The time between Thanksgiving and Christmas can be a hard time when it comes to focusing on school work! Use this Christmas Mad Libs printable to add some fun and silliness to your language arts time this holiday season. Simply sign up in the box at the bottom of this post and you can grab it from my Homeschool Resource Library!
My daughter doesn’t really like to write or practice her language arts. She is in second grade and she loves the idea of creative writing, but she is also a perfectionist. This causes her to get frustrated very easily with her writing and spelling because, as we all know, writing and spelling take time and they can be tedious skills to learn.
I have started creating fill-in-the-blank writing activities for her. I gradually add more and more blanks or mix in shorter writing activities in an effort to build her writing stamina.
I came across the idea of Mad Libs one day and thought that would be a perfect addition to our homeschool schedule! I remember having a blast doing Mad Libs with my friends as a kid! Since it is close to Christmas I thought a Twas the Night Before Christmas Mad Libs would be super fun and silly, but I couldn’t find one. So, I made my own!
We completed the activity yesterday and my second grader LOVED it! I had to print a second copy, so my kindergartner could do her own version. (obviously, I had to help her with suggestions for the different parts of speech, but it was a good opportunity to talk about them!)
I took the famous poem by Clement Clarke Moore and removed several of the parts of speech throughout the entire poem. Now, your child can come up with their own zany words to make a totally wacky new version of the poem!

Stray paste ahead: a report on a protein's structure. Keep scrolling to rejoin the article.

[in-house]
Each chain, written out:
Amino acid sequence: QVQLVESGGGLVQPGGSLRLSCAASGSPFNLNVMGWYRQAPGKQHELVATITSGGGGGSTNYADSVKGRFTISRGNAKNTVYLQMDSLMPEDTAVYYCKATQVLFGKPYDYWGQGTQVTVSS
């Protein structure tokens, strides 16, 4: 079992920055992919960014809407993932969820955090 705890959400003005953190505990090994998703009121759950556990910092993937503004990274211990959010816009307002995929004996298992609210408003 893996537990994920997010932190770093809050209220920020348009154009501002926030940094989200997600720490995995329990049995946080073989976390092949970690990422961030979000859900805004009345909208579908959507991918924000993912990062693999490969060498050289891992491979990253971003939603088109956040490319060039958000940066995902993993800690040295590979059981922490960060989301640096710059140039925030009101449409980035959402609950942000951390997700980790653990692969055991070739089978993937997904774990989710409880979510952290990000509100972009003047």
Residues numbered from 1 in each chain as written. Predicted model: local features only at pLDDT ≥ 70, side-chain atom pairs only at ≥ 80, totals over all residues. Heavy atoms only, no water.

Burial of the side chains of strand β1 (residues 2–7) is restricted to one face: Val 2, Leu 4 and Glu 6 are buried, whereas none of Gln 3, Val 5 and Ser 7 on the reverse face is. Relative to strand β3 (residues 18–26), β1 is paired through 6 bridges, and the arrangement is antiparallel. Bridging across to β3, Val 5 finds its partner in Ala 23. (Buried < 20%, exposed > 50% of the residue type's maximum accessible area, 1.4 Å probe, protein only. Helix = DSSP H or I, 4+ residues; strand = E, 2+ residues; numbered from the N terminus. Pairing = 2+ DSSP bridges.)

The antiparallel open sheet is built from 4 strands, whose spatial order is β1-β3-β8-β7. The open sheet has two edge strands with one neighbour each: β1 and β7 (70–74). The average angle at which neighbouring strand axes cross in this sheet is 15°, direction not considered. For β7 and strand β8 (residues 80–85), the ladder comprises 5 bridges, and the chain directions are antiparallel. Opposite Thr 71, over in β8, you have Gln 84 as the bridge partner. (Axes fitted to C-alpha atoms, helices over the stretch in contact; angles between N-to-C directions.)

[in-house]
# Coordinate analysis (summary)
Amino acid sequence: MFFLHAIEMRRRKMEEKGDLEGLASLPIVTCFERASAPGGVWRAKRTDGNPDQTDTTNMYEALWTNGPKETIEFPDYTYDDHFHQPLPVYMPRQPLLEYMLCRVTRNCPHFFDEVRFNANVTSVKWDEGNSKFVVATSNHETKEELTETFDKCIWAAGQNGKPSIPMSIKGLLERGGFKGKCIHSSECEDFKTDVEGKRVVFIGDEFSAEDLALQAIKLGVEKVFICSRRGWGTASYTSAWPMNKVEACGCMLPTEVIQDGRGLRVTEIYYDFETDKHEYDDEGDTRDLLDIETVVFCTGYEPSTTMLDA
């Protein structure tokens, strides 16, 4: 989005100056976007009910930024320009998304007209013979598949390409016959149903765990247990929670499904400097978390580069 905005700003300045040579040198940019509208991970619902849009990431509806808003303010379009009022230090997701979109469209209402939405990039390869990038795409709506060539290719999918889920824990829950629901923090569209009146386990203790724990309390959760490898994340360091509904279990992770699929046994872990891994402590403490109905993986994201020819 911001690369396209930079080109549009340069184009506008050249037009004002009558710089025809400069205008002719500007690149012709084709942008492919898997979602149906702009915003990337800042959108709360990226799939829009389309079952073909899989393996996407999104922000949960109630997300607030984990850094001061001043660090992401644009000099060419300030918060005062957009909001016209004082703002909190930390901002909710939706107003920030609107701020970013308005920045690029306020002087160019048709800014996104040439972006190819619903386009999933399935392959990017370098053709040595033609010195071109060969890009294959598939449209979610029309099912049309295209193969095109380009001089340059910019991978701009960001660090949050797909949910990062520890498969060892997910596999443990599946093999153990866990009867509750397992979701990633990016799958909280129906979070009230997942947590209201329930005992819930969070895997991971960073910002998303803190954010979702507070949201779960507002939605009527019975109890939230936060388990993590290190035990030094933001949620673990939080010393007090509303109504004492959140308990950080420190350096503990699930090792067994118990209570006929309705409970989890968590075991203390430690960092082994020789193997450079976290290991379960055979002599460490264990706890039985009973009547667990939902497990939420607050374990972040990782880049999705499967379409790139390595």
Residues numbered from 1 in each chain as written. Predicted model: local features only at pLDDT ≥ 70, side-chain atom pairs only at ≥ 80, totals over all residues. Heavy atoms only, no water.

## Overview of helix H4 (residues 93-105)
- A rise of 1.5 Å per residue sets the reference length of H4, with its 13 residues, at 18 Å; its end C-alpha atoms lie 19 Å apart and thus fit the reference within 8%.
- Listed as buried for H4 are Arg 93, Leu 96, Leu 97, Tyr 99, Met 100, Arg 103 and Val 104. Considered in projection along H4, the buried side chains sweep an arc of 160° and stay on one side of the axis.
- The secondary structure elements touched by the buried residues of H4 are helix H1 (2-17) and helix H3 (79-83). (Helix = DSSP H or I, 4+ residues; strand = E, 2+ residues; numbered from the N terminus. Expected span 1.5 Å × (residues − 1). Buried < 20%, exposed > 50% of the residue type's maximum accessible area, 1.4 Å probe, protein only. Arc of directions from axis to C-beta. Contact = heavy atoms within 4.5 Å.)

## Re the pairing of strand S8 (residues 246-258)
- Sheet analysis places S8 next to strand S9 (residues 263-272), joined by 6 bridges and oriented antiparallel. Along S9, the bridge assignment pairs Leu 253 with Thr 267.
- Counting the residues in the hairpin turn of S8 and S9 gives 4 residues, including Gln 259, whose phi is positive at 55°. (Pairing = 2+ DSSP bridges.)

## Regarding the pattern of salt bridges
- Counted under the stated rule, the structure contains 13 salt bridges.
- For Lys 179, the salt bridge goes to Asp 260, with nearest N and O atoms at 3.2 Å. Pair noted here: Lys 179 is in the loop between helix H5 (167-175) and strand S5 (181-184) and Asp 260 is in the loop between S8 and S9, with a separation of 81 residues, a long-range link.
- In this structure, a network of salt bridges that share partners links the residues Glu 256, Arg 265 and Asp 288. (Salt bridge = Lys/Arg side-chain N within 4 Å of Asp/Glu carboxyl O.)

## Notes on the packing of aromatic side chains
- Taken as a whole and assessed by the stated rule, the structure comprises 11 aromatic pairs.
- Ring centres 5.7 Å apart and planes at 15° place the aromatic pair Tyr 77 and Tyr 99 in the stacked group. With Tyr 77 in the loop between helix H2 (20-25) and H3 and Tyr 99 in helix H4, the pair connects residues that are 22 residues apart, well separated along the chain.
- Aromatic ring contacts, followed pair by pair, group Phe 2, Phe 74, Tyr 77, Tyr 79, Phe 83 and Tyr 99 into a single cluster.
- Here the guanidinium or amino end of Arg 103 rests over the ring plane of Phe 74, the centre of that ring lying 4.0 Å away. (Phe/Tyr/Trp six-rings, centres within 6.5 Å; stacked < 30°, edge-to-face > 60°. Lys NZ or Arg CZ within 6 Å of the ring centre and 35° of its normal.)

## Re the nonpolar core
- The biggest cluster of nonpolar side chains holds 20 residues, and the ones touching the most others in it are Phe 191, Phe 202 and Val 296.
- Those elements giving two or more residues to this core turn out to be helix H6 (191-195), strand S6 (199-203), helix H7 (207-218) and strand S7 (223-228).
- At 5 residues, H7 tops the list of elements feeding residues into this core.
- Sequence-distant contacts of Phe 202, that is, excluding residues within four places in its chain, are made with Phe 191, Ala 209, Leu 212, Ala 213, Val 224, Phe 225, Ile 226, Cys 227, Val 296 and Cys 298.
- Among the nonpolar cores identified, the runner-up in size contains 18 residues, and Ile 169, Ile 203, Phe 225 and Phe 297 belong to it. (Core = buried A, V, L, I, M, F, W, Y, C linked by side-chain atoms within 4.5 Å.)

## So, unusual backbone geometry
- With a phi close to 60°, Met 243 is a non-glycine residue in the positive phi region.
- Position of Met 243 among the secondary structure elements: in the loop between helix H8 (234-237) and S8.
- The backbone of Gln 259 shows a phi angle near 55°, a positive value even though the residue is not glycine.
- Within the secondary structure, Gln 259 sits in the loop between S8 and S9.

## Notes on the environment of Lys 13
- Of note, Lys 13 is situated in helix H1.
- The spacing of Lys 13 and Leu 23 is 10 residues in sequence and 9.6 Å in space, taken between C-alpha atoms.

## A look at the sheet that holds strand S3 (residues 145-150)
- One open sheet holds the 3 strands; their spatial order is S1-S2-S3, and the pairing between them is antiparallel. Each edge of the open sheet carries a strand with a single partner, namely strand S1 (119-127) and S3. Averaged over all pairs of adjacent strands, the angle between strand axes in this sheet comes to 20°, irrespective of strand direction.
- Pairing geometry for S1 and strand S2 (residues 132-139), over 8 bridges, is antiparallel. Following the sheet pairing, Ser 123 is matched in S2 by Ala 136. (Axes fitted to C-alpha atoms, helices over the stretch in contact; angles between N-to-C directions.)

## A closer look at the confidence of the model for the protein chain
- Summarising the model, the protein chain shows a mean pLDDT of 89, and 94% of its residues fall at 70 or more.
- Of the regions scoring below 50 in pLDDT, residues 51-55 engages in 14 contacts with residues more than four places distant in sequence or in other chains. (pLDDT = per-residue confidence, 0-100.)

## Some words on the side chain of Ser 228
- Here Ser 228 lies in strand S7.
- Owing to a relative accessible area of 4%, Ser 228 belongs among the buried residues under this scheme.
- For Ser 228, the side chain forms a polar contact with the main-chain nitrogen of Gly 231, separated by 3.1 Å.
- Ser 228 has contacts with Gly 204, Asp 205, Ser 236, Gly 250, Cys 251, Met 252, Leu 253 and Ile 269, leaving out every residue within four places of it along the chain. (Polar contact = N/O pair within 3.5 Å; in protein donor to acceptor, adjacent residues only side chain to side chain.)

For example, my daughter’s poem was no longer Twas the Night Before Christmas, but morphed into Twas the Night Before Thanksgiving.
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The parts of speech that I included were nouns, verbs, and adjectives. The nouns are specified as plural, things, animal, etc. when needed. Most of the verbs are past tense and I specify that, as well. There are a few times when I just used the specific type of word I was looking for, for example, “famous person” instead of “noun – famous person.”
How to Complete a Mad Lib
If this is your first time doing a Mad Lib, then let me give you some quick directions. When you look at the printable, you will see lots of blanks with descriptions underneath. For example, one description might say “noun”.
To complete the activity, do NOT let your child look at the activity while you are completing it. They should have no idea what the real story says. This lets them be more creative and makes for a funnier story when you read it aloud.
Tell your child what part of speech you need and give them some time to think of one. My daughter asked for suggestions sometimes when it came to fun adjectives or verbs, so feel free to help as needed. Giving suggestions just adds to your child’s creative vocabulary for the future!
Once your child has provided words for all the blanks in the story, it is time to read it aloud and have a good laugh!
My daughter had George Washington coming the night before Thanksgiving in a sleigh pulled by eight prickly bees! Oh, how the girls laughed when I was reading this!
I hope you and your children enjoy this Christmas Mad Libs printable. Simply sign up below and you can grab it in my Homeschool Resource Library!